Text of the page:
For those experiencing homelessness, living with addiction or recovering from severe mental health challenges, finding and keeping a job can be a struggle.

A new study being conducted by the province aims to consider these potential challenges in the Downtown Eastside specifically, and look at innovative approaches to address them. 

Some challenges can include accessing a computer to look for work, compiling a resume, making up for possible employment gaps or addressing criminal history. Once a job is found, new routines might be a challenge, and employers may need to be flexible and understanding. 

"At its heart, this research project is about helping people find and keep meaningful employment by meeting them where they are and providing them with wraparound supports," said Shane Simpson, Minister of Social Development and Poverty Reduction in a news release. 

"We know that when people get jobs where they feel valued, it improves their quality of life, provides a sense of purpose and enhances self-esteem and social belonging."

The research, being conducted by The Canadian Mental Health Association - Vancouver Fraser Branch, in partnership with Vancouver Coastal Health and the University of British Columbia, will hopefully shed light on the unique labour market challenges in the Downtown Eastside.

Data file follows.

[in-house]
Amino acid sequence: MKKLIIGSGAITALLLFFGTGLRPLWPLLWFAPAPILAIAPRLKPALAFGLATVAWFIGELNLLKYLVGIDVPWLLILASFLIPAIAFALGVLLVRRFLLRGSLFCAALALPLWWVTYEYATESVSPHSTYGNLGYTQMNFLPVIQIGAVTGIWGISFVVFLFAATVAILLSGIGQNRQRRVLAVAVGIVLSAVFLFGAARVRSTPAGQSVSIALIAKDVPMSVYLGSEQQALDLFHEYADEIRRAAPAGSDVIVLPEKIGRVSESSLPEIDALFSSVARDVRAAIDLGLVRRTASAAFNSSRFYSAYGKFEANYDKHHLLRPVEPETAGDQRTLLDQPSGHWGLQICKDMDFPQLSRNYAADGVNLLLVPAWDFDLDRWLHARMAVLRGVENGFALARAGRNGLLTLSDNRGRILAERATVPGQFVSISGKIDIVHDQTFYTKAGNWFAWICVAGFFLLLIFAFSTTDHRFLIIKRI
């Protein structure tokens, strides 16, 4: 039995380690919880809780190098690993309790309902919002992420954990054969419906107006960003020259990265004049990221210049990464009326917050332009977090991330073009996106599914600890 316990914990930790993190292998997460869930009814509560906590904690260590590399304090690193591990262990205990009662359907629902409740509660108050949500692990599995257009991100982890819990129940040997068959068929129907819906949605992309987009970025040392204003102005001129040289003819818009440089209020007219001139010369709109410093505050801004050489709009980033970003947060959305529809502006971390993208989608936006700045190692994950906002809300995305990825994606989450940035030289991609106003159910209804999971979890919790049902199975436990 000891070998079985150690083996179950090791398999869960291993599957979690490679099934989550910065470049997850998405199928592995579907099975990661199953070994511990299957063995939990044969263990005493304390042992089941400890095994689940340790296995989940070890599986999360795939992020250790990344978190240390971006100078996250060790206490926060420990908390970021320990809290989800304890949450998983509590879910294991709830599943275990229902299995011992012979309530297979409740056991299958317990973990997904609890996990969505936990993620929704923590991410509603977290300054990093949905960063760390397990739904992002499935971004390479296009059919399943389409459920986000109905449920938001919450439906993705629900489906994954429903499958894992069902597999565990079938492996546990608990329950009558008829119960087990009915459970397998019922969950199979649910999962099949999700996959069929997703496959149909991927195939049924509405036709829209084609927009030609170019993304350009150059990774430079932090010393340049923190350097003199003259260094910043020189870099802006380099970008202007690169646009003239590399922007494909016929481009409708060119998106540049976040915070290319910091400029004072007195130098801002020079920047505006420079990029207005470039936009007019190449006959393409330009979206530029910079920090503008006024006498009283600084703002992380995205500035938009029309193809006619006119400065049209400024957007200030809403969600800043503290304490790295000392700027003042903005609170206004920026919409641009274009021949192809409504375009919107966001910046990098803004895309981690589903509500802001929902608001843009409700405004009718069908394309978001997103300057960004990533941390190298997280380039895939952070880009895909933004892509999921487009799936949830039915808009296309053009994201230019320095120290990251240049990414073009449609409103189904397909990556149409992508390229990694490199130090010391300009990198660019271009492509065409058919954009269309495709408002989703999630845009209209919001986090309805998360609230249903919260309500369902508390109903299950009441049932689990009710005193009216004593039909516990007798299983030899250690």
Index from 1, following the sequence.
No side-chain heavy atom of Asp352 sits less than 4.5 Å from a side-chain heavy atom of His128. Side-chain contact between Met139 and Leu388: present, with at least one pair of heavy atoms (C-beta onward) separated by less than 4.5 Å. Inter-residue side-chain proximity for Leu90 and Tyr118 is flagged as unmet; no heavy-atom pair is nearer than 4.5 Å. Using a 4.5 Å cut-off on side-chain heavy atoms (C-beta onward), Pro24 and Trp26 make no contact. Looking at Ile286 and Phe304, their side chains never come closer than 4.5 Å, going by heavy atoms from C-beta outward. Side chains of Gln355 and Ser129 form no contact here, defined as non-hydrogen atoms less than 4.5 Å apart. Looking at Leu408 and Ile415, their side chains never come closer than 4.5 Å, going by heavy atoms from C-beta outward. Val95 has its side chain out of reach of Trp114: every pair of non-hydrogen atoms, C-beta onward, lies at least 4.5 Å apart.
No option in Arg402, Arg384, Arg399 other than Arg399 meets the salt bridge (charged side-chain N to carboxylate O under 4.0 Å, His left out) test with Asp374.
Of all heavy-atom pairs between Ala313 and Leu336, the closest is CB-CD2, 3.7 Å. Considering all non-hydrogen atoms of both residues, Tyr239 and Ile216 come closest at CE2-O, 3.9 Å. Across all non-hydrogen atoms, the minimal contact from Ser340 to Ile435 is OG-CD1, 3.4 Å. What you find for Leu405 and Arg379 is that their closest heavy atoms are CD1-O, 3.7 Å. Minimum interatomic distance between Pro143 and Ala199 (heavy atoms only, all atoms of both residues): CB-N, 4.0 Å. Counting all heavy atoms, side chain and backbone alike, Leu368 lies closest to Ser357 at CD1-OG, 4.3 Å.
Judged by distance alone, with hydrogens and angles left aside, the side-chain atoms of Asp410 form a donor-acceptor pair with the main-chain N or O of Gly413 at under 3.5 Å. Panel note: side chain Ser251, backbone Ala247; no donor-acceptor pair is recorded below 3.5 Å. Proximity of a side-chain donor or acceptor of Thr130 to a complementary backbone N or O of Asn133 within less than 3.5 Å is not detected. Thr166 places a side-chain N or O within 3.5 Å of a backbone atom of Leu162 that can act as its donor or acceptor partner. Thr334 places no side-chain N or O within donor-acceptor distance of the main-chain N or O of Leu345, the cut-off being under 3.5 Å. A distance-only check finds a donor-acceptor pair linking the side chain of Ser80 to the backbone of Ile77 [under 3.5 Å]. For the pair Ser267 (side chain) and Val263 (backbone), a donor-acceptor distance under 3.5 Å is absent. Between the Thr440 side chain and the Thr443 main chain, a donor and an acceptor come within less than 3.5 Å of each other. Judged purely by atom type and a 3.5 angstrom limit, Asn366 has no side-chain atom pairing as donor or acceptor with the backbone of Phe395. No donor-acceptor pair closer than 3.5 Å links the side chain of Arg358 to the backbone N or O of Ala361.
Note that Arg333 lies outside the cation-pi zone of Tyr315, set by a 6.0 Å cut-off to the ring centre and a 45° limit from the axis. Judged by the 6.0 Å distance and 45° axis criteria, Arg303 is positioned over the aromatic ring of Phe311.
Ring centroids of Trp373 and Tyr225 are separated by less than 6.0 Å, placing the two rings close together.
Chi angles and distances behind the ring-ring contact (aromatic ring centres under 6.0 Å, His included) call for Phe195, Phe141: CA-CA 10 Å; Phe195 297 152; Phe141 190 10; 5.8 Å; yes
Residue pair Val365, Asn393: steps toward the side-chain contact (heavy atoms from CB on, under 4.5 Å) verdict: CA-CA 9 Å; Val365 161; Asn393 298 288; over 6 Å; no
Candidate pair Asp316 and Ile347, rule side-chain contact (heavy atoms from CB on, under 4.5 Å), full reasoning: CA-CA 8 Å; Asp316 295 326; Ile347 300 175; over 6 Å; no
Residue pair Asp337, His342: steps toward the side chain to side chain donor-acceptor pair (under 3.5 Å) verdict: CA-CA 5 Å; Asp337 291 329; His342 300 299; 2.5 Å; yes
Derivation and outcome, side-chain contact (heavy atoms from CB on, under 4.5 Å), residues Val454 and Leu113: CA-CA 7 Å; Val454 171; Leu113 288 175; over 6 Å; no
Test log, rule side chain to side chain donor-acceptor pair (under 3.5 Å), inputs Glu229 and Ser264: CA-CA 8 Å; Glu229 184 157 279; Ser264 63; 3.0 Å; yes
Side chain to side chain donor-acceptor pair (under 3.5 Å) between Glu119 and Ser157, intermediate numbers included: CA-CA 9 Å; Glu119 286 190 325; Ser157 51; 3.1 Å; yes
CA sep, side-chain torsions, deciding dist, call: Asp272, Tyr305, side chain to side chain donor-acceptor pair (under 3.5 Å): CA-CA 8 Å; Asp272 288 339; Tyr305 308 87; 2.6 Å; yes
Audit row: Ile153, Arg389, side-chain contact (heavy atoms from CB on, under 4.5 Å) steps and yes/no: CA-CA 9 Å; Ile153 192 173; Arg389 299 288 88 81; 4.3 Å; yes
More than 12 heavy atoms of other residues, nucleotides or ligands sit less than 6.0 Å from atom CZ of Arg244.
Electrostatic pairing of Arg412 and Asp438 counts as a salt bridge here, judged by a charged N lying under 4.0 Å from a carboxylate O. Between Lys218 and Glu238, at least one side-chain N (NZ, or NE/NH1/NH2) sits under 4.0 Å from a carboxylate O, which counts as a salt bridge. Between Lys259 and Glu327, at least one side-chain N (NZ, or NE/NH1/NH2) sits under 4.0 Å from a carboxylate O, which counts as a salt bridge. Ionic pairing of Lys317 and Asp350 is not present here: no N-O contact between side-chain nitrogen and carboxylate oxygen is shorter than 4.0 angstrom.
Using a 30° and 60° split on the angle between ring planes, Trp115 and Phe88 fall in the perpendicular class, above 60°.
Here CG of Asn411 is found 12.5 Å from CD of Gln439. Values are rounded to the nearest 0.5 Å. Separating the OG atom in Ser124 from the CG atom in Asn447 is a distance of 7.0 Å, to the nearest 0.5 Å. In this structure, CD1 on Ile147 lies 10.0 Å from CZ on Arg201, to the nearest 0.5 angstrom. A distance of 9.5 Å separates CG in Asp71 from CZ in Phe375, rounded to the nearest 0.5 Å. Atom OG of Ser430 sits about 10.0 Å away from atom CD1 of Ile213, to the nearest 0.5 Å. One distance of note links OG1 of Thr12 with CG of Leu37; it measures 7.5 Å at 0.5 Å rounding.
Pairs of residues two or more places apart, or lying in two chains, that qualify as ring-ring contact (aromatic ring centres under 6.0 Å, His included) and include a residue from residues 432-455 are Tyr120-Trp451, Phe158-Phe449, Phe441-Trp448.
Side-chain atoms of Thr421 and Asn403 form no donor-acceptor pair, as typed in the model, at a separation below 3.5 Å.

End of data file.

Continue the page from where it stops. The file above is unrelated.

Seventy-two participants will be referred to the program and the project team will look at individual placements and supports – including peer support – to help increase access to employment. 

Included in the individual placement will be assisted entry into the workforce and wraparound supports like housing, getting identification, filing taxes, money management, financial planning, debt consolidation and mental health support. Employers will also be assisted with any challenges that arise. 

Half of the 72 participants will receive that approach, while the other half will receive more traditional employment support. 

"Our vision is to embed social and health services in a one-stop integrated model of care for people living in the Downtown Eastside," said Skye Barbic, lead scientist, UBC. 

"To date, little work has focused on the impact of employment as a health and social intervention. Our project aims to bring together systems that are traditionally difficult to navigate for people living in the Downtown Eastside."

The project will end in February, 2020 and has received $364,235 in government funding.